Monte Carlo simulation has many applications such as risk analysis and engineering design. It's often the best method to deal with uncertainty in complex models where an analytical solution would be nearly impossible. The graphic below provides a Monte Carlo simulation overview.
The first step is to identify the uncertain inputs, or random variables. This could be things like revenues, costs, project task times, design conditions, etc. Once we've identified the random variables, we need to describe them with a probability distribution.
Once the random variables are defined, we need to create a model. The model describes the relationship between the input variables and the output that we want to calculate. A simple example is a model for profit. Our inputs are revenue and expenses. The output is profit.
Profit = Revenue - Expenses
Now we're ready to simulate the model. When a simulation is run, the simulation process is iterated (repeated) many times, often thousands of times. During each iteration, every random variable is sampled. Sampling means we are generating a value for each random variable to plug into the model. A sample is generated by drawing a random number between 0 and 1. That random number is used as a probability in the random variable's cumulative distribution function, and the value is then determined.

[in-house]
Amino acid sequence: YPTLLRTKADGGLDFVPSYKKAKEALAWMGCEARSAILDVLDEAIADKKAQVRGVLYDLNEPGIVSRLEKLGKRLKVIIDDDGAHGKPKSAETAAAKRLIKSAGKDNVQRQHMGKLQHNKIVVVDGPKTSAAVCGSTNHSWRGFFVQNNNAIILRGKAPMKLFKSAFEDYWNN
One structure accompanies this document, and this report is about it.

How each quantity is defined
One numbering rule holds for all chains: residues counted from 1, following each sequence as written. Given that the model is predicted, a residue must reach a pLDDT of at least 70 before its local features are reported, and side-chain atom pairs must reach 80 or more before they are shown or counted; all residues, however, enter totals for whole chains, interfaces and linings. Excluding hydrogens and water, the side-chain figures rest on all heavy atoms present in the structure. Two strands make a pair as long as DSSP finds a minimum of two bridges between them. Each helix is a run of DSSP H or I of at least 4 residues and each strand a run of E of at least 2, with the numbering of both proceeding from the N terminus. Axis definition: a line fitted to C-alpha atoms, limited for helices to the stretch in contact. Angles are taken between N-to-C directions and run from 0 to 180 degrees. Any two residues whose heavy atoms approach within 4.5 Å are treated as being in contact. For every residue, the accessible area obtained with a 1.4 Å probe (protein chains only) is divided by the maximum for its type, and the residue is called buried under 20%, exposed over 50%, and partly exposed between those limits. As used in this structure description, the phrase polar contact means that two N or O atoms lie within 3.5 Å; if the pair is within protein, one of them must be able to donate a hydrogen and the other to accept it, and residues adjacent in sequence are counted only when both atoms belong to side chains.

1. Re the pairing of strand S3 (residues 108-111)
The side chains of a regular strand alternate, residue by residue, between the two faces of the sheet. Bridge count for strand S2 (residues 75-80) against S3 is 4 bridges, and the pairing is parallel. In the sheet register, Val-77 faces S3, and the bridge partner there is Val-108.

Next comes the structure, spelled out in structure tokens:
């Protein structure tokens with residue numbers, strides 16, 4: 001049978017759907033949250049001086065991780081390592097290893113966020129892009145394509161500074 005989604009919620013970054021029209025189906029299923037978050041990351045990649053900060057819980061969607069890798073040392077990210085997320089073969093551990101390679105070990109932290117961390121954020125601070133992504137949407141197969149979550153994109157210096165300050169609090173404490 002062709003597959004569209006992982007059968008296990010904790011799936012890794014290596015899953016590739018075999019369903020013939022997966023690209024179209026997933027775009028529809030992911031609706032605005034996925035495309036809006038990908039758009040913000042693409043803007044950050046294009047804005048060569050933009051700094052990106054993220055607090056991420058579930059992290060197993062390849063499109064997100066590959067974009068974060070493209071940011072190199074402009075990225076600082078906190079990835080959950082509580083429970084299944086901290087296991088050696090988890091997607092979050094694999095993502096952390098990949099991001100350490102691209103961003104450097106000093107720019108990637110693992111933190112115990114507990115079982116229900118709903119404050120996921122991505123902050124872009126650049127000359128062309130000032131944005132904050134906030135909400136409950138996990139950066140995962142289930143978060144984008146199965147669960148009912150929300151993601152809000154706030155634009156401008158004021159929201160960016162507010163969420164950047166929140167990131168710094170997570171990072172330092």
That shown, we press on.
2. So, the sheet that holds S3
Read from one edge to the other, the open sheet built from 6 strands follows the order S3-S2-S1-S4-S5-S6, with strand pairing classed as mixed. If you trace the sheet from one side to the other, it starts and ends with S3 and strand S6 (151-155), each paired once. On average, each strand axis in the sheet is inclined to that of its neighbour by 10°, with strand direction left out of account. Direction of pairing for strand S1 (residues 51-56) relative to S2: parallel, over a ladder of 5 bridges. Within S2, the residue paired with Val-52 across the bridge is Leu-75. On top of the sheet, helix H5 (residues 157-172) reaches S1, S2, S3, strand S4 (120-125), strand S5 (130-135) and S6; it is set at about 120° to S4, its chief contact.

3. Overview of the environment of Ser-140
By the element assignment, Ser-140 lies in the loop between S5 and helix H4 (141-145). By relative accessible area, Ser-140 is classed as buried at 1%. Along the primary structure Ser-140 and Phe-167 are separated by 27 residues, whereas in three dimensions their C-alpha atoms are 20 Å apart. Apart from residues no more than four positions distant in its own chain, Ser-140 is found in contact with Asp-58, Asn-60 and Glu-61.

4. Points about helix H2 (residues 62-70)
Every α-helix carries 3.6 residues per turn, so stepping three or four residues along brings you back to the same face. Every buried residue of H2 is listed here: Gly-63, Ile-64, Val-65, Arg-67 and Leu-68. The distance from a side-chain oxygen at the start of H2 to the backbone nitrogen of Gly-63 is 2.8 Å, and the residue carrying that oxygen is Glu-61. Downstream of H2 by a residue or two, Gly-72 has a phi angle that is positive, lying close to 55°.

After each random variable value is plugged into the model, the output is calculated and recorded. The sampling and calculation process is then repeated over and over again.
Once the simulation has been run we have model output data showing the range of possible values. This data can be placed in a histogram to analyze the probability of output values and well as summary statistics. We can also look at how input variables correlate with output. Running the simulation and analyzing the output is where Monte Carlo simulation software greatly assists in making the simulation as painless as possible.